7 Tips to Boost Your Emergency Fund

Quick Answer

To boost your emergency fund, start by creating a goal and setting up automatic transfers into your savings account. Then look for ways to add more to your savings, such as taking on a side hustle, reducing your expenses and putting windfalls into your emergency fund.

Shot of a young woman working from home on her emergency savings.

Setting money aside to cover yourself in an emergency can make a big difference in how financially secure you feel. It can also help you make it through a financial crisis without suffering a blow to your budget, or without relying on debt.

Whether you're starting from scratch or simply want a larger emergency fund, you can take steps to build your savings faster. Here are seven tips to boost your emergency fund.

1. Set a Goal Amount

If you want to have more stashed away in case of an emergency, start by creating a clear goal for yourself. Many experts recommend setting aside between three and six months' worth of basic expenses in your fund. But the right goal amount for you can depend on a number of factors.

First, start with a goal that you find motivating and attainable. You could aim to have $3,000 saved for emergencies by the end of the year, for example. That would require saving $250 a month, or $125 from each biweekly paycheck. Play with the numbers to find a savings goal that works for you.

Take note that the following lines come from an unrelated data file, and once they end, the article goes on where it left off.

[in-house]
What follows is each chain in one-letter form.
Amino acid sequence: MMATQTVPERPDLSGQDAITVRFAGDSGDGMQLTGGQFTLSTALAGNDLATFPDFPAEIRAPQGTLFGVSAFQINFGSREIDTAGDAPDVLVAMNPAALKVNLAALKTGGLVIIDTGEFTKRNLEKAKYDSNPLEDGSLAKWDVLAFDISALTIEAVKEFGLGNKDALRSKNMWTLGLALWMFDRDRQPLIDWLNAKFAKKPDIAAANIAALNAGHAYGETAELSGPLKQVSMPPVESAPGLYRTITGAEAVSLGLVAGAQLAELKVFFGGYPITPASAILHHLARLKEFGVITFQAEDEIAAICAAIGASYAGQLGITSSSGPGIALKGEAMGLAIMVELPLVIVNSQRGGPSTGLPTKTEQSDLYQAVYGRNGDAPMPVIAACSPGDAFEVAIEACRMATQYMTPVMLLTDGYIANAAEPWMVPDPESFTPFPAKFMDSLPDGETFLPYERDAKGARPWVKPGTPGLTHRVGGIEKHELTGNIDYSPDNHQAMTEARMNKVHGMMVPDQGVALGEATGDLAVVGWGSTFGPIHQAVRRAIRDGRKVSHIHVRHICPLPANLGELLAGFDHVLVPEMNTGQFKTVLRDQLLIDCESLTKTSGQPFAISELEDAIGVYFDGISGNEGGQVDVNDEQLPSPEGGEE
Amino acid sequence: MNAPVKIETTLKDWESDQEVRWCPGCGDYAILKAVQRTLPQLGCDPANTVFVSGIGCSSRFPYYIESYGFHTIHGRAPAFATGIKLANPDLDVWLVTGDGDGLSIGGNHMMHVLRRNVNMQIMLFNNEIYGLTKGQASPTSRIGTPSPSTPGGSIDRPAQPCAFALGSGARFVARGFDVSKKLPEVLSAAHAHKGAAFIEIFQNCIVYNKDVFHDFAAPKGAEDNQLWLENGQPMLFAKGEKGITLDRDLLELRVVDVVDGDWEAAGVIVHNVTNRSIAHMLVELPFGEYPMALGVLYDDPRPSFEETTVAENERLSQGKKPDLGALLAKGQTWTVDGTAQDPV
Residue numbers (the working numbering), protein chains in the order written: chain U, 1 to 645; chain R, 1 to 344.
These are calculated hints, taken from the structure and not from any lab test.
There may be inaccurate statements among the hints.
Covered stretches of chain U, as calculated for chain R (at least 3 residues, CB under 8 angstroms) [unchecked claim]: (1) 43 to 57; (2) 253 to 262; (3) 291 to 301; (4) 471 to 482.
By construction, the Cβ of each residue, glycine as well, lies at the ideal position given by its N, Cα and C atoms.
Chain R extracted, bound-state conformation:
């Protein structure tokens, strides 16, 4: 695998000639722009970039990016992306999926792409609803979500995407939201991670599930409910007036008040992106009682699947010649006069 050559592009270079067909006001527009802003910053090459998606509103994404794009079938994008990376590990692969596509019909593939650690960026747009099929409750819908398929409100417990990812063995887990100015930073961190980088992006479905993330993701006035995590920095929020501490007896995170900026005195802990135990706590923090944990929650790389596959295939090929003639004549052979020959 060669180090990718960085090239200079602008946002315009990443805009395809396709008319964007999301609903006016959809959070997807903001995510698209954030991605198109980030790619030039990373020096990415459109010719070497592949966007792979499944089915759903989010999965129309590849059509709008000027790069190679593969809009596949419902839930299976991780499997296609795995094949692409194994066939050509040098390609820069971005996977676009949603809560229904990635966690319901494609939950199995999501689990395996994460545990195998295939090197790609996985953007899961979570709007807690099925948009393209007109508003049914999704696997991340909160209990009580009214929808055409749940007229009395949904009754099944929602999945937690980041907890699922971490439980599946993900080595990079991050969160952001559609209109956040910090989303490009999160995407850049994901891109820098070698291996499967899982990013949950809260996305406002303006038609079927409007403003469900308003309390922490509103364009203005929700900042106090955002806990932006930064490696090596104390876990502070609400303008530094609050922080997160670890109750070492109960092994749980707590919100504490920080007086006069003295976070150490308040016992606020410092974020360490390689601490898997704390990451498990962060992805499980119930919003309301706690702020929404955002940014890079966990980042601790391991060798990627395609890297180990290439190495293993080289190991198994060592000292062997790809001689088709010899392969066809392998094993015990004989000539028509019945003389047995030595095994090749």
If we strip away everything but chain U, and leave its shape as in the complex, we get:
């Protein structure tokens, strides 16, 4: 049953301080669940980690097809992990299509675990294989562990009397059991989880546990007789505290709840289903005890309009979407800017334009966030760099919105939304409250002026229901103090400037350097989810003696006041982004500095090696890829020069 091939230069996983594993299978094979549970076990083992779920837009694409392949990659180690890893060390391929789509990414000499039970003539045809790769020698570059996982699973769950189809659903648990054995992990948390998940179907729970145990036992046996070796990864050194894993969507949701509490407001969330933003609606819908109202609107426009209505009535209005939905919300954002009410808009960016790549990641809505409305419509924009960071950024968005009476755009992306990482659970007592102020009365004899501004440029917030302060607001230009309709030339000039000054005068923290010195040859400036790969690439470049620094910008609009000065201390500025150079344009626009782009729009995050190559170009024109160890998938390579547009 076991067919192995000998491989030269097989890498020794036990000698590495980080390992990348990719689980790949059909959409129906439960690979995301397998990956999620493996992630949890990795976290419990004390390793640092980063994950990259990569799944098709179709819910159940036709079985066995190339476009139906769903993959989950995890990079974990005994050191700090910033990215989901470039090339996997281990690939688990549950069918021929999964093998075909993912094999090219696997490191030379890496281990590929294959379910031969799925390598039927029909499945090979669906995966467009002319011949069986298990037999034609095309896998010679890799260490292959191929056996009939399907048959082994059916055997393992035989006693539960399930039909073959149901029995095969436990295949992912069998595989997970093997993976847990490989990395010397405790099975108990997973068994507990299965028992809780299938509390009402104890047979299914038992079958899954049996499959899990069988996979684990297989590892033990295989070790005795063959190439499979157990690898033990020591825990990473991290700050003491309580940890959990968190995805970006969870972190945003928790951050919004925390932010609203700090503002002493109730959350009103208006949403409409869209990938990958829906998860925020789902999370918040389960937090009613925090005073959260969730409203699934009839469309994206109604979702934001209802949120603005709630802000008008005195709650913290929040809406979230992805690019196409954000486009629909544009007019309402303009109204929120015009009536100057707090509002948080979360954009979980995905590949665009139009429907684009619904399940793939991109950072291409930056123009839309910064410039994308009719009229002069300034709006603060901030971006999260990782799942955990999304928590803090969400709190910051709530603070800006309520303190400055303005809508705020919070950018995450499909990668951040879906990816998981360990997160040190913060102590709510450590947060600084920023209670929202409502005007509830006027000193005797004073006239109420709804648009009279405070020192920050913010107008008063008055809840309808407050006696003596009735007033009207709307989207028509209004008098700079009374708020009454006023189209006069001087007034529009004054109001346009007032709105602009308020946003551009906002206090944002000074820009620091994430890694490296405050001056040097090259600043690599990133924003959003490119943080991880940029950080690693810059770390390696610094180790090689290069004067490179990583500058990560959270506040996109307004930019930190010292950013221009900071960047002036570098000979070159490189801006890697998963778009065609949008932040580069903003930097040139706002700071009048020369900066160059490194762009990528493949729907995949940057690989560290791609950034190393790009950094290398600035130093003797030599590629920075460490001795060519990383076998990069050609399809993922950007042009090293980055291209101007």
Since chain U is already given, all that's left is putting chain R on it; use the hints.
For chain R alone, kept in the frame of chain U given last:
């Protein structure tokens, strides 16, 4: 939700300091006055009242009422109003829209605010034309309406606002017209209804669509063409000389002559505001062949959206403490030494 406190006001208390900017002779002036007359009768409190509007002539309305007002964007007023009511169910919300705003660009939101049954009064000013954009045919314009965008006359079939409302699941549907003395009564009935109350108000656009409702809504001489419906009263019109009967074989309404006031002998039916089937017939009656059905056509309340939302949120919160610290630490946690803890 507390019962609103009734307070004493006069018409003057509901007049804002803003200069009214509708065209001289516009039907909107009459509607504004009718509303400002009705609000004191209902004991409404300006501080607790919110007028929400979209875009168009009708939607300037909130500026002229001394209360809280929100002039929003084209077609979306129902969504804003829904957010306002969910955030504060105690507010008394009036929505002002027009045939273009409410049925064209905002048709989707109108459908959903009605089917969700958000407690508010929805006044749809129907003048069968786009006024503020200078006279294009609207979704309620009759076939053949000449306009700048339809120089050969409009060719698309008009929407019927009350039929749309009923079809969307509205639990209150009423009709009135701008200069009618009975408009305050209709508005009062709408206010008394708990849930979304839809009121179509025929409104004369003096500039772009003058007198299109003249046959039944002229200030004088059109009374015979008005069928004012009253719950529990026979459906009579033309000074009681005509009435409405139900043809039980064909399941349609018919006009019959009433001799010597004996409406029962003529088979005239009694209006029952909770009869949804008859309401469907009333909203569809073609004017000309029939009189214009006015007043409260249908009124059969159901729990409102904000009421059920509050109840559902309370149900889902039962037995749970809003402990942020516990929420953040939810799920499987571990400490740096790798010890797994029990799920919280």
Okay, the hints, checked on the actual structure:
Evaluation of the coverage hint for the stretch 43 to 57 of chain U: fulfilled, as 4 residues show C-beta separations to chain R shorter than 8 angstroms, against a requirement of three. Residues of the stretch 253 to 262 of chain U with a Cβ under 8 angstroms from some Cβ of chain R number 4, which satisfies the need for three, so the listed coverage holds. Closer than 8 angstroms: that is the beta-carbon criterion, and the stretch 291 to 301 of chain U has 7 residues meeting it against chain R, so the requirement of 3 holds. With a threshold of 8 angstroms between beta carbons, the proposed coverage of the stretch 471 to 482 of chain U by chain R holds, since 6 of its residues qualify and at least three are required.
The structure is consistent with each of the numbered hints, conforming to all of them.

Second, consider reasons you may want to keep more or less in your emergency fund. For example, if you have relatively low expenses, no dependents and stable income, you might find that keeping just three months' worth of expenses set aside is more than enough to make you feel comfortable. On the other hand, if you have multiple dependents or have unstable or variable income, aiming to have six months or more saved could be a safer play.

2. Know Where to Keep Your Funds

The simplest way to boost your emergency fund is to let interest work for you. The key is to keep your savings somewhere liquid—meaning someplace you can access your funds at the drop of a hat should the need come up—where it will also earn more interest than it would in your standard savings account.

To check both these boxes, consider signing up for a high-yield savings account. You'll earn a higher average rate than a traditional savings account while maintaining easy access to your funds.

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3. Save Automatically

Set up automatic transfers into your savings account each pay period to keep growing your emergency savings over time. In many cases, you may also be able to split up your direct deposit so that a portion of each paycheck goes directly into your emergency fund.

However you achieve it, paying yourself first can help you stay consistent and avoid eating into funds that you meant to add to your emergency savings.

4. Free Up Funds

To build your emergency fund faster, find ways to reduce your expenses and funnel what you save into your emergency fund. Here are some ideas for how to cut back: